Law Offices of Paul A. Eads, A.P.C.
    Law Offices of Paul A. Eads, A.P.C. | Paul A. Eads
    Contact an attorney right away to start your guardianship.
    Answer Applies to: California
    Replied: 8/2/2011
    Ashman Law Office
    Ashman Law Office | Glen Edward Ashman
    You gave us no information about the parents or what has already happened in court, so there's no way to answer you.
    Answer Applies to: Georgia
    Replied: 8/2/2011
    Willick Law Group
    Willick Law Group | Marshal S. Willick
    You should immediately consult qualified counsel. Meantime, see http://www.willicklawgroup.com/guardianship.
    Answer Applies to: Nevada
    Replied: 8/2/2011
    Vincent J. Bernabei LLC
    Vincent J. Bernabei LLC | Vincent J. Bernabei
    First, you should apply to be a foster parent through the local DHS office. Then, once you qualify as a foster parent, the children should be placed with family. That may be you if there are no other suitable family members available. In the meantime, you should schedule visits with your nieces.
    Answer Applies to: Oregon
    Replied: 8/2/2011
    John E. Kirchner, Attorney at Law
    John E. Kirchner, Attorney at Law | John Kirchner
    You cannot be appointed as legal guardian until you are at least 21 years of age. Given the minimal difference in age from your nieces, it is possible that a judge will have some questions about your ability to function as a parent for a couple of teenagers. But, that is a question to be decided on all the facts and circumstances. If they have are now in foster care, that suggests that there is a Dependency & Neglect case ongoing in the Juvenile Court. That means that the State of Colorado is actively involved and probably has legal custody over them and for you to acquire any responsibility or authority the court will have to decide if they should be removed from foster care and placed in your custody. You will have to pursue any desire to take responsibility through that court case.
    Answer Applies to: Colorado
    Replied: 8/2/2011
    Michael Anthony Wing, P.C.
    Michael Anthony Wing, P.C. | Michael Anthony Wing
    Talk to the DHR worker that has contacted you, or if it was not a DHR worker that found you, talk to DHR in the county where they are residing. If you have an acceptable home place, then I would anticipate DHR would love to place them with you as they are obligated to try to place the children with a "relative resource." You may fit the bill. Stay well.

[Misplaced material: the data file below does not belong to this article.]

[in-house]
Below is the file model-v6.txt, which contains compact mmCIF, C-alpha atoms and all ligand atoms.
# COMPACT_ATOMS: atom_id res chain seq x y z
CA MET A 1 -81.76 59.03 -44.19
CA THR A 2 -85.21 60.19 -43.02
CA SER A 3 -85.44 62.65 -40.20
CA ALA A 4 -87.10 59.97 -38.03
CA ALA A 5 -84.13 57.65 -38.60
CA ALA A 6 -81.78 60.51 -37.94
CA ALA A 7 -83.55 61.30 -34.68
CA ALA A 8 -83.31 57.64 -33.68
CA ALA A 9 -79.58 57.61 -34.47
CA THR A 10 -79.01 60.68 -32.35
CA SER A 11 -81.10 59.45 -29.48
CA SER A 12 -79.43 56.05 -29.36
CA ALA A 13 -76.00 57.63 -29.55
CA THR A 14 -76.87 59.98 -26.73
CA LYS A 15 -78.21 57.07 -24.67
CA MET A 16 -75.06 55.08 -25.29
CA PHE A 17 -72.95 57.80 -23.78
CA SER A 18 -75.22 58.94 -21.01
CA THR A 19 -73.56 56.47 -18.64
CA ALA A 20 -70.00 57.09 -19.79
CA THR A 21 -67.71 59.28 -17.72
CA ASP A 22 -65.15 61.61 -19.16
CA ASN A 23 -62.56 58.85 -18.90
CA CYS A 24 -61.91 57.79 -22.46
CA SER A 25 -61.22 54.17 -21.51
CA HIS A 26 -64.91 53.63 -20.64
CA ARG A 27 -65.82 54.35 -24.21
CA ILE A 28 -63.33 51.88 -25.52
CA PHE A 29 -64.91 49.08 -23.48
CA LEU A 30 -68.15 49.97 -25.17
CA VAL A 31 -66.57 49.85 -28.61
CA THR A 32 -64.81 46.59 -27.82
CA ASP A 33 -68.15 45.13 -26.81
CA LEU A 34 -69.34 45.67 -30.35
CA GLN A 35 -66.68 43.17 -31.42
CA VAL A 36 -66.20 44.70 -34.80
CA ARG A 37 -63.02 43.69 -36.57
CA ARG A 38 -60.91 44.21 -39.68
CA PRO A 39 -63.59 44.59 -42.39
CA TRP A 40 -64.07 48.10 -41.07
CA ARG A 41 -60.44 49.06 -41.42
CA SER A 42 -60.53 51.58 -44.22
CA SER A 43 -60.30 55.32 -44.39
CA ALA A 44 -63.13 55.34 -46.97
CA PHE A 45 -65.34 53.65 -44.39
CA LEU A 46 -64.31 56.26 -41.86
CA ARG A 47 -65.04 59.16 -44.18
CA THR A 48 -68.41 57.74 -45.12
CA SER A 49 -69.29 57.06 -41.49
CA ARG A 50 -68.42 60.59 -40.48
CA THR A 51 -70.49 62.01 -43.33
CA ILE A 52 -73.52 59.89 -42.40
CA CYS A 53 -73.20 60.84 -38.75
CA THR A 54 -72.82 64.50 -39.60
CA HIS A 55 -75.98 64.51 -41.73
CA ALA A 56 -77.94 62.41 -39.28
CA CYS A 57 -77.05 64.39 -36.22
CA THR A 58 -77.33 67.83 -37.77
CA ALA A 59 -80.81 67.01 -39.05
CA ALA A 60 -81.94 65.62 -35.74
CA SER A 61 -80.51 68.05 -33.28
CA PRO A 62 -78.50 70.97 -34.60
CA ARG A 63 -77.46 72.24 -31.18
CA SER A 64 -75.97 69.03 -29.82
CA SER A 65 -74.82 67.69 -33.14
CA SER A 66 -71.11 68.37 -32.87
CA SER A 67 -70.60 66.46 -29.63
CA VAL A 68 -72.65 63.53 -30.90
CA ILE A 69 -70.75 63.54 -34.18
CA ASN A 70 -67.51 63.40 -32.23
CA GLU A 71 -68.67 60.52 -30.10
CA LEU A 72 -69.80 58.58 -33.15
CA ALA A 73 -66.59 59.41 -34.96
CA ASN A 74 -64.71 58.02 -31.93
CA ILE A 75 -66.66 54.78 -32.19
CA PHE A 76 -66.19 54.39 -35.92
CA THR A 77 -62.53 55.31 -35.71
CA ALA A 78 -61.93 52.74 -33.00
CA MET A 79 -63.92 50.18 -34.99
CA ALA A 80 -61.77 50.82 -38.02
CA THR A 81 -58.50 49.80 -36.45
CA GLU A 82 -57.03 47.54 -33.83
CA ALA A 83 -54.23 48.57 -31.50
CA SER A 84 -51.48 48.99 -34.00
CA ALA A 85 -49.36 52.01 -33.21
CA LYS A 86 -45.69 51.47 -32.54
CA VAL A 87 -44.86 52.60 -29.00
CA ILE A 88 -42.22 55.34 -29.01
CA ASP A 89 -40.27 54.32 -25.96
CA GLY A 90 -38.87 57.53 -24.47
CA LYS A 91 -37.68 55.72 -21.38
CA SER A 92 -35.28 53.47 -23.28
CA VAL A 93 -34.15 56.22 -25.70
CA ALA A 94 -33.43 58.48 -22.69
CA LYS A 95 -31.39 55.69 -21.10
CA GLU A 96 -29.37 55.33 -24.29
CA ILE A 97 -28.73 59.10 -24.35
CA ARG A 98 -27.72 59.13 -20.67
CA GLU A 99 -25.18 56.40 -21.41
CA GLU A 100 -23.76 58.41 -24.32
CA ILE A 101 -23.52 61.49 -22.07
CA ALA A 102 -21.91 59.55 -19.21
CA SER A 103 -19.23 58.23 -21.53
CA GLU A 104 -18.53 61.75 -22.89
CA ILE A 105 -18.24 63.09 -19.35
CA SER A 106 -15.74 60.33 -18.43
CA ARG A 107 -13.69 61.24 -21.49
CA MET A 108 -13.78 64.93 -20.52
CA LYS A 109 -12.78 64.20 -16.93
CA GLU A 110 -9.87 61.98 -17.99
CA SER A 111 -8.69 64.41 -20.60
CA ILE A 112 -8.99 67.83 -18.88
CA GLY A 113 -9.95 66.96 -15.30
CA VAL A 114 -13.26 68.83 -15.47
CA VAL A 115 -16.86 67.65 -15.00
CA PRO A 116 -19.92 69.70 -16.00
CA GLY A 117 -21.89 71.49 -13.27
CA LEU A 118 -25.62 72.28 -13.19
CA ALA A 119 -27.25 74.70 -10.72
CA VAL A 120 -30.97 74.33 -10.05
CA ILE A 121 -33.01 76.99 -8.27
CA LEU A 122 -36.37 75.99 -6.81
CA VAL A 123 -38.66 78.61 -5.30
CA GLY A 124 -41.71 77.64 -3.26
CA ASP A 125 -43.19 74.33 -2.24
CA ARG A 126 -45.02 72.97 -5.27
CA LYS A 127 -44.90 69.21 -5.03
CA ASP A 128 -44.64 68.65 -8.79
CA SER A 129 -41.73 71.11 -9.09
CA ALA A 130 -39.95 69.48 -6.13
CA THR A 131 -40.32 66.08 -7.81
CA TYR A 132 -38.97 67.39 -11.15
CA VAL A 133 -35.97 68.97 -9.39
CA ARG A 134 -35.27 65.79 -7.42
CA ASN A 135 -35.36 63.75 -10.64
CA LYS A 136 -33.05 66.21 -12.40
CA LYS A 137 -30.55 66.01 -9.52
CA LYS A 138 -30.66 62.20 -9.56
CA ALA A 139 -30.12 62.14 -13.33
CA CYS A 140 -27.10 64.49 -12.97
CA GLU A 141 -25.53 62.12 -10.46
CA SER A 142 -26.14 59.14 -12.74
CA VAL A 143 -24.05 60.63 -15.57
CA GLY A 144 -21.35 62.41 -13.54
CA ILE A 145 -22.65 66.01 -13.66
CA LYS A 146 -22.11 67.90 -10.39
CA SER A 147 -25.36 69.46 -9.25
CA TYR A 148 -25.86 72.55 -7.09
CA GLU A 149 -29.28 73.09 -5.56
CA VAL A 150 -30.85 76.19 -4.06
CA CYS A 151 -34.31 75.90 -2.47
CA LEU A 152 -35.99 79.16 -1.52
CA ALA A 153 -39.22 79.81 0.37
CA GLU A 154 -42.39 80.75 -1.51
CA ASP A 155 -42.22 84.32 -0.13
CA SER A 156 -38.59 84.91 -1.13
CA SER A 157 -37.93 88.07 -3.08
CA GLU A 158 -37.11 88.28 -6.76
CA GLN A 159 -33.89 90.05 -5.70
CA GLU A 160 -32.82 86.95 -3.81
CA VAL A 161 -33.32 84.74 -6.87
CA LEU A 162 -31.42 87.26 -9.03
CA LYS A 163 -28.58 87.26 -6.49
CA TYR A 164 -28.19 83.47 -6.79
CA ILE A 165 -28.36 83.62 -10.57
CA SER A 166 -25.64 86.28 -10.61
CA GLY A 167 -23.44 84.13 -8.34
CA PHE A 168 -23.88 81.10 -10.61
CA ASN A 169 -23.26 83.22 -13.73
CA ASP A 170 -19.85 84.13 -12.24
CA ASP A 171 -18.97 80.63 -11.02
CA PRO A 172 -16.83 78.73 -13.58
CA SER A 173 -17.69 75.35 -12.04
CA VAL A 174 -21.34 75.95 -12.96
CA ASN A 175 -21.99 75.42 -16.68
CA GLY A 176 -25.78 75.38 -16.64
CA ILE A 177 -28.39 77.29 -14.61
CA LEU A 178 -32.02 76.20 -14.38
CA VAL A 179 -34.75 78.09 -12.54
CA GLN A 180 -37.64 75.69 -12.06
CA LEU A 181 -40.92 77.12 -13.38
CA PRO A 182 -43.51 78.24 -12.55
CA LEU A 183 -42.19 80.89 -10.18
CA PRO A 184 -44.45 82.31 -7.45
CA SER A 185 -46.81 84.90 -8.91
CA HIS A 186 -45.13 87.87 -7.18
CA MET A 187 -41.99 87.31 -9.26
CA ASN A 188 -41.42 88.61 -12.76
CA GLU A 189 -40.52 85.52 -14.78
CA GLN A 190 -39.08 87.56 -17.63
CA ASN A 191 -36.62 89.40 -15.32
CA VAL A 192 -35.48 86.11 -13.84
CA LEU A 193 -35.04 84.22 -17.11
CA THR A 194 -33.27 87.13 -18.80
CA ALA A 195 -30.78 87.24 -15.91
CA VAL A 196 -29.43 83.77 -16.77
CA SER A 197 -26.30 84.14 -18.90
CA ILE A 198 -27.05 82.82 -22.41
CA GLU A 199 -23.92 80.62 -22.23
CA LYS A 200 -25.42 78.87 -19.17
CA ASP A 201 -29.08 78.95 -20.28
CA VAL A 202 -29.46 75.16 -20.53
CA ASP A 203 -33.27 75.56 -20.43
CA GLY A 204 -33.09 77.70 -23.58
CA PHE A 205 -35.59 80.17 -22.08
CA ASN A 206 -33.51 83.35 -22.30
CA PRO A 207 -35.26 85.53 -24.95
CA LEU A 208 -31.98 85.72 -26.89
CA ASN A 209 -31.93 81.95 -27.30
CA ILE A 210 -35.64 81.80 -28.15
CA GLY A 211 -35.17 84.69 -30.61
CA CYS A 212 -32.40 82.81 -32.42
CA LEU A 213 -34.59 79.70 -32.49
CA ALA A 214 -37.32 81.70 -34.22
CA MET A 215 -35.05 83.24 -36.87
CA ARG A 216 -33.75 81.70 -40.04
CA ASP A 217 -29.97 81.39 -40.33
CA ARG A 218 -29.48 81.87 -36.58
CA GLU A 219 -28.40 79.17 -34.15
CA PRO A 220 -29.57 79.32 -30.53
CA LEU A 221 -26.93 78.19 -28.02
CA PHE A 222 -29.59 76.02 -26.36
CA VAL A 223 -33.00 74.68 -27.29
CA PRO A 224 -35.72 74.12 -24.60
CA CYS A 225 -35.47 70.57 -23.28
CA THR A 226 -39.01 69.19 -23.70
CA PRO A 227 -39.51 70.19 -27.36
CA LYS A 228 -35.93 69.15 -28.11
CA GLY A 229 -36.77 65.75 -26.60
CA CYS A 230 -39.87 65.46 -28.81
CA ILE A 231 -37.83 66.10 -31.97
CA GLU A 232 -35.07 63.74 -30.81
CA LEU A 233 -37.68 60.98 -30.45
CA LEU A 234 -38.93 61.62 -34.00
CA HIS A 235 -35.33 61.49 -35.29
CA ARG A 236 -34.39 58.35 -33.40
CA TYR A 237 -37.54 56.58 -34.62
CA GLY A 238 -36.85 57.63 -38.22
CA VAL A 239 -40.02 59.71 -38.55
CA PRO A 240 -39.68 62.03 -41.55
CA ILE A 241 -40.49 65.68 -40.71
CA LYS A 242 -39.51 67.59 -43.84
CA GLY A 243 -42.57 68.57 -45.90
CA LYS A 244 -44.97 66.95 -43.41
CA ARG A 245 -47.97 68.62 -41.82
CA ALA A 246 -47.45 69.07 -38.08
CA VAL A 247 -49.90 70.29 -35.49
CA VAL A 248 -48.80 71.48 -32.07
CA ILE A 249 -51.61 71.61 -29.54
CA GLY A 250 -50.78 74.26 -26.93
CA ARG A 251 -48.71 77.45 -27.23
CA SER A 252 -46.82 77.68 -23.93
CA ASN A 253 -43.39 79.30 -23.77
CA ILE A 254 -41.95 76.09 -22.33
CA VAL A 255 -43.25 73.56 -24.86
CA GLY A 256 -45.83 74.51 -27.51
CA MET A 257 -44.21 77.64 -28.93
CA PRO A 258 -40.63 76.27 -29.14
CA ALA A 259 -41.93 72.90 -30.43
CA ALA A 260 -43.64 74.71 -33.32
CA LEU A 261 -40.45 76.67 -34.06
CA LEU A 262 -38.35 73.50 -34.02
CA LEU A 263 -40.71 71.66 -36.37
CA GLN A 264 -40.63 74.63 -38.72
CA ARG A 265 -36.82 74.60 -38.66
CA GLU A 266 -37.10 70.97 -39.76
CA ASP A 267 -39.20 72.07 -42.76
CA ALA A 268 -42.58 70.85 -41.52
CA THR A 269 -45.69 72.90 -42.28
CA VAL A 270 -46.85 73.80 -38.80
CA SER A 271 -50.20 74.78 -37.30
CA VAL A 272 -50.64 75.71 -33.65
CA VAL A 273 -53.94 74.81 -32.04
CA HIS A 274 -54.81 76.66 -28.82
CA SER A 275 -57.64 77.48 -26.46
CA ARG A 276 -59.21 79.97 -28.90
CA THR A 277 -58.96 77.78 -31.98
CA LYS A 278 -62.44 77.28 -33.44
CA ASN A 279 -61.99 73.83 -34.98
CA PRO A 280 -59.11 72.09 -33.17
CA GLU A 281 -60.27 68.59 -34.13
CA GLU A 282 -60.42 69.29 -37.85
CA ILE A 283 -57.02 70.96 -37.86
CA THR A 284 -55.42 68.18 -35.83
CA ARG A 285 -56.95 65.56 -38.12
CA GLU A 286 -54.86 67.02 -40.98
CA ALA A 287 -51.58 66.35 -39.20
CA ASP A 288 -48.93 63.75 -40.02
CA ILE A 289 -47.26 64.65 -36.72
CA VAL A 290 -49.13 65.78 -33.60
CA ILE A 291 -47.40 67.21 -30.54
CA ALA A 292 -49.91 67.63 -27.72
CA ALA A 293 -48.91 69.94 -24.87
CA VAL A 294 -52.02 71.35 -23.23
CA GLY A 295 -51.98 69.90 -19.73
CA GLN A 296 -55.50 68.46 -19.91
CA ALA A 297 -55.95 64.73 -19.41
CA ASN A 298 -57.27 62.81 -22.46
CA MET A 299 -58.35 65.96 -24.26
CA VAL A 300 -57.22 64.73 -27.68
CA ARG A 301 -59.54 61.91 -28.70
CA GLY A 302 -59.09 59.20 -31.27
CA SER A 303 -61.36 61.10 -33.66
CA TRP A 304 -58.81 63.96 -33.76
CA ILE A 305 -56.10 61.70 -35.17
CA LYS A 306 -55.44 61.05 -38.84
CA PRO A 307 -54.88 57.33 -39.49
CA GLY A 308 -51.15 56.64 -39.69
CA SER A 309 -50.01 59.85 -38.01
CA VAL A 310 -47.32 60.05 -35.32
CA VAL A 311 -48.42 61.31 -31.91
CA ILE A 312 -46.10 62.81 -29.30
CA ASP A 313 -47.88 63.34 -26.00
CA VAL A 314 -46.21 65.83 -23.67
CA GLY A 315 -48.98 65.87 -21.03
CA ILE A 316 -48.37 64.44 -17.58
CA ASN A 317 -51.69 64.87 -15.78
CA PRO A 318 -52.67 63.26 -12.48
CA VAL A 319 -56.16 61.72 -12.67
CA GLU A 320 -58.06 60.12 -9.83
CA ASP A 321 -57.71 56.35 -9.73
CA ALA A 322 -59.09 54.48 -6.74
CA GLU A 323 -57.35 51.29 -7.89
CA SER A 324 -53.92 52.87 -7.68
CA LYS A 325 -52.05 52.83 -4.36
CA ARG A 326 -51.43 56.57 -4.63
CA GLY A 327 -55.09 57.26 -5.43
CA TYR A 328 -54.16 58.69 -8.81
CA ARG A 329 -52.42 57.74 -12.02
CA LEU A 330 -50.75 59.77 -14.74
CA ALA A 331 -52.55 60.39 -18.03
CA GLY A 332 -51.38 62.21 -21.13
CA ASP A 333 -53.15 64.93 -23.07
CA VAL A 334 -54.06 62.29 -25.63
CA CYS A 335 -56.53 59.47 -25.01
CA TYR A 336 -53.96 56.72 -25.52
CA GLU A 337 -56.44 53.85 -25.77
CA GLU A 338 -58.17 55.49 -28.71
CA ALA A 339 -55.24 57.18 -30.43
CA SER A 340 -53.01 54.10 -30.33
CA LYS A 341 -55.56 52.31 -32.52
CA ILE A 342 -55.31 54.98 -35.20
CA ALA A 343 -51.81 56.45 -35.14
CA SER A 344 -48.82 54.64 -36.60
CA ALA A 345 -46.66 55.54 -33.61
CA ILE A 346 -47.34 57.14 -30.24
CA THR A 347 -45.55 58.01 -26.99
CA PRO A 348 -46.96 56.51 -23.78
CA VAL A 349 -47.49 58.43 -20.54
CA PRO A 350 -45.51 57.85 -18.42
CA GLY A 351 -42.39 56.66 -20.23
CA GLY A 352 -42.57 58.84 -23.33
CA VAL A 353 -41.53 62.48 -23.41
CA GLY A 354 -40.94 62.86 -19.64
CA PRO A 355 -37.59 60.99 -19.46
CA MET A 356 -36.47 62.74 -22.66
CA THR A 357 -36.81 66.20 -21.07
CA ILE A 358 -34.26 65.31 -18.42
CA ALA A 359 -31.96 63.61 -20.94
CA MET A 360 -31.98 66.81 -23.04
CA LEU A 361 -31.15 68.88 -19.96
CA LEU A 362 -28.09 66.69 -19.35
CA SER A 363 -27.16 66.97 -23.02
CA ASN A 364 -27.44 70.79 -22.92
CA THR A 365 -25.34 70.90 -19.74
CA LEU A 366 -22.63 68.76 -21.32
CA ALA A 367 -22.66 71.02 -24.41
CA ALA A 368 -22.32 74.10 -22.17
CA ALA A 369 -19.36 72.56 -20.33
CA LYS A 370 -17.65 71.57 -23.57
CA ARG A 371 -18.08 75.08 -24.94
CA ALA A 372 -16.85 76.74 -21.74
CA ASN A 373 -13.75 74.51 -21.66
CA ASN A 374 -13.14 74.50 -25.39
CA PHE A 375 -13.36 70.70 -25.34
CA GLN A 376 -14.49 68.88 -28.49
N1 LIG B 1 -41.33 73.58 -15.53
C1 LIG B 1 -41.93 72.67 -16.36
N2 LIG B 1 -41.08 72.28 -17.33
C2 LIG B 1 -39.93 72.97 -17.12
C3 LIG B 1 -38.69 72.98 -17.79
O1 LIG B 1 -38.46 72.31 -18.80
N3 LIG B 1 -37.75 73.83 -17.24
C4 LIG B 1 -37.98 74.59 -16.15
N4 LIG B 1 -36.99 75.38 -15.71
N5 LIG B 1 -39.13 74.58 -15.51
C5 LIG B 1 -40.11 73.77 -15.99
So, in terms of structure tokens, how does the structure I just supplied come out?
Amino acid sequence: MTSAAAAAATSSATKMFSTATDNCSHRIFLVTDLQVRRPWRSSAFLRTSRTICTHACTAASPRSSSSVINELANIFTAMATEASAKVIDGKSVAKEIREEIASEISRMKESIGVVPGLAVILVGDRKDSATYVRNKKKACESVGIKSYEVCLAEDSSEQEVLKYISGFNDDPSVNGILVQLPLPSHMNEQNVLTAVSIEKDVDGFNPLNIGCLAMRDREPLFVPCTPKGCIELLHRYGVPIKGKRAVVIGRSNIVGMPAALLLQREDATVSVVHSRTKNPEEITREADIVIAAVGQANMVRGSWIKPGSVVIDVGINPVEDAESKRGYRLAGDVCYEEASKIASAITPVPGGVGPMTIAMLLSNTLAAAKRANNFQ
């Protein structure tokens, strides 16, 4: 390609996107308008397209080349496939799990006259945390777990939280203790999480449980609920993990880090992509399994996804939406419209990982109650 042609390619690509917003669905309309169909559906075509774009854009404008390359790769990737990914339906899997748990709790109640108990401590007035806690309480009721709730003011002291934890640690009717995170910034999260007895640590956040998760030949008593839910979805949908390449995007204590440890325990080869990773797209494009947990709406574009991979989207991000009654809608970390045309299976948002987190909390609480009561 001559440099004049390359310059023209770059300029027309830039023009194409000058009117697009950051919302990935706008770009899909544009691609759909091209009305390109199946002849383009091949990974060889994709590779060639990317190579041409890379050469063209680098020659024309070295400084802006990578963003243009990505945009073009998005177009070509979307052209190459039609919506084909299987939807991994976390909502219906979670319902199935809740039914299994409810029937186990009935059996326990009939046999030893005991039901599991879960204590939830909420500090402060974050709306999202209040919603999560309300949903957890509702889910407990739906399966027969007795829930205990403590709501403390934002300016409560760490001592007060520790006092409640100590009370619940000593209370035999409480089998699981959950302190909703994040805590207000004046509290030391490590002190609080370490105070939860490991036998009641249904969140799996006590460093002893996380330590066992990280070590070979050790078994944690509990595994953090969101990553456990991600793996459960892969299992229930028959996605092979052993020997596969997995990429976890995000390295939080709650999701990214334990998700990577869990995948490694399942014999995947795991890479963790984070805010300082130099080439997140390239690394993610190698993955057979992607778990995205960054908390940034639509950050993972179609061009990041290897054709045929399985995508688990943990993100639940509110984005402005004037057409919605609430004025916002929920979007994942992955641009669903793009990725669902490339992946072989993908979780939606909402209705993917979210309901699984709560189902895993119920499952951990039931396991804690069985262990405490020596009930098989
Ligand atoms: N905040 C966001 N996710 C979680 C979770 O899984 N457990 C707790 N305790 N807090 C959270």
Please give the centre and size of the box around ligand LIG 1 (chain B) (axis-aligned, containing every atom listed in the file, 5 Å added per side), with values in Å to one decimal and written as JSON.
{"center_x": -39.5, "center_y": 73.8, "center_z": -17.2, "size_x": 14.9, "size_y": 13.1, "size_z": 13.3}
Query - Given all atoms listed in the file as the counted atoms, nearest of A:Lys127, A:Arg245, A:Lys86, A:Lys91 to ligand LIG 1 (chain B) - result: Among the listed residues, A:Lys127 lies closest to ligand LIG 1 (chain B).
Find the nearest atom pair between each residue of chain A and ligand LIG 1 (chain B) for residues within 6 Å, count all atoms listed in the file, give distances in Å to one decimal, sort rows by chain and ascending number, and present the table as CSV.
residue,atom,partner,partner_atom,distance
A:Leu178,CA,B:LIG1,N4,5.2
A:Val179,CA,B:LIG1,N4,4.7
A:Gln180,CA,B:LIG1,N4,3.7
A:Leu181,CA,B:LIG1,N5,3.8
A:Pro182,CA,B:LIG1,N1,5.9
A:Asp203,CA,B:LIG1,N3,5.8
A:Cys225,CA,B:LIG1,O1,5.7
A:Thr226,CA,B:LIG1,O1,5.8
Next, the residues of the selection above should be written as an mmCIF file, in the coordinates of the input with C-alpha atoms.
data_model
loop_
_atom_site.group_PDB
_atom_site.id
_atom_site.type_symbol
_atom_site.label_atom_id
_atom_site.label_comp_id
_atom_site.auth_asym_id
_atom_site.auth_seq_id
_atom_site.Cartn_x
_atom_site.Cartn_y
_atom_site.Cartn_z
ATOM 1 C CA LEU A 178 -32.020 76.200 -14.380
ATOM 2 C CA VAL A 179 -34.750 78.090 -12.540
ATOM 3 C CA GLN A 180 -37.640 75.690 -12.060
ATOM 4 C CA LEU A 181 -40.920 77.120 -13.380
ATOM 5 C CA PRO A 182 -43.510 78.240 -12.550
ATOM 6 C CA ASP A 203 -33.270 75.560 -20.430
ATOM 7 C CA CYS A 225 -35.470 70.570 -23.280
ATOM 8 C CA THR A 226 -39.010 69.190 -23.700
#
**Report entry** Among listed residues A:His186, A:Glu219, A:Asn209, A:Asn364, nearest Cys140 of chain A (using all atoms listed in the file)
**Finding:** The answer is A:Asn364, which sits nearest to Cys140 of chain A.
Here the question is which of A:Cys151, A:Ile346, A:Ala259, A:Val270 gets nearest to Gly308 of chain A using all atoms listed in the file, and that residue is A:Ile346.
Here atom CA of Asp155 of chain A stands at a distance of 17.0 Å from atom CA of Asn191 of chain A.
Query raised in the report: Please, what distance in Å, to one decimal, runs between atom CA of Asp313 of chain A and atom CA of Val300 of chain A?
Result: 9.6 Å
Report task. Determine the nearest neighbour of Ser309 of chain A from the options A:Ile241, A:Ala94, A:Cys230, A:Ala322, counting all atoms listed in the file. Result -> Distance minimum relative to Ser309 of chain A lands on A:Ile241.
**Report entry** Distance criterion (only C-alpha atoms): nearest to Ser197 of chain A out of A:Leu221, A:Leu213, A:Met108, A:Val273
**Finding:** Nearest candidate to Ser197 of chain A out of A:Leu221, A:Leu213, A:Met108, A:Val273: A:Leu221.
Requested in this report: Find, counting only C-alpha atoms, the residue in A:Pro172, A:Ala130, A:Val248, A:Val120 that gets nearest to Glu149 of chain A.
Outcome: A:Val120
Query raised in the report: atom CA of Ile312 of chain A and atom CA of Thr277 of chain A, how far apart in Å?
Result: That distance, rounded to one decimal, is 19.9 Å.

Answer Applies to: Alabama
    Replied: 8/2/2011
    Apple Law Firm PLLC
    Apple Law Firm PLLC | David Goldman
    You would need to speak with a Florida Family law attorney about this. If you would like, call Kelly Ryan Lee in our office at 904-685-1200 to see what can be done and if you qualify.
    Answer Applies to: Florida
    Replied: 8/2/2011
    Law Office Of Jody A. Miller
    Law Office Of Jody A. Miller | Jody A. Miller
    To get guardianship you will need the consent of both parents. Custody is a different situation. Your question cannot be answered by email; you must consult with a family law attorney to discuss the difference between guardianship, custody, and what you might be able to do. Given that they have been in foster care, there are obviously previous court orders and maybe DFCS involvement that also must be taken into consideration. This is a complicated situation that must be researched by an experienced attorney after you discuss all of the details that you know about the case with them.
    Answer Applies to: Georgia
    Replied: 8/2/2011
    Wallin & Klarich: A Law Corporation
    Wallin & Klarich: A Law Corporation | Paul Wallin
    IF there is a child dependency case going on you cannot obtain a guardianship but need to contact their social worker and ask to be given temporary custody. IF there is no dependency case going on you can file for guardianship.
    Answer Applies to: California
    Replied: 8/2/2011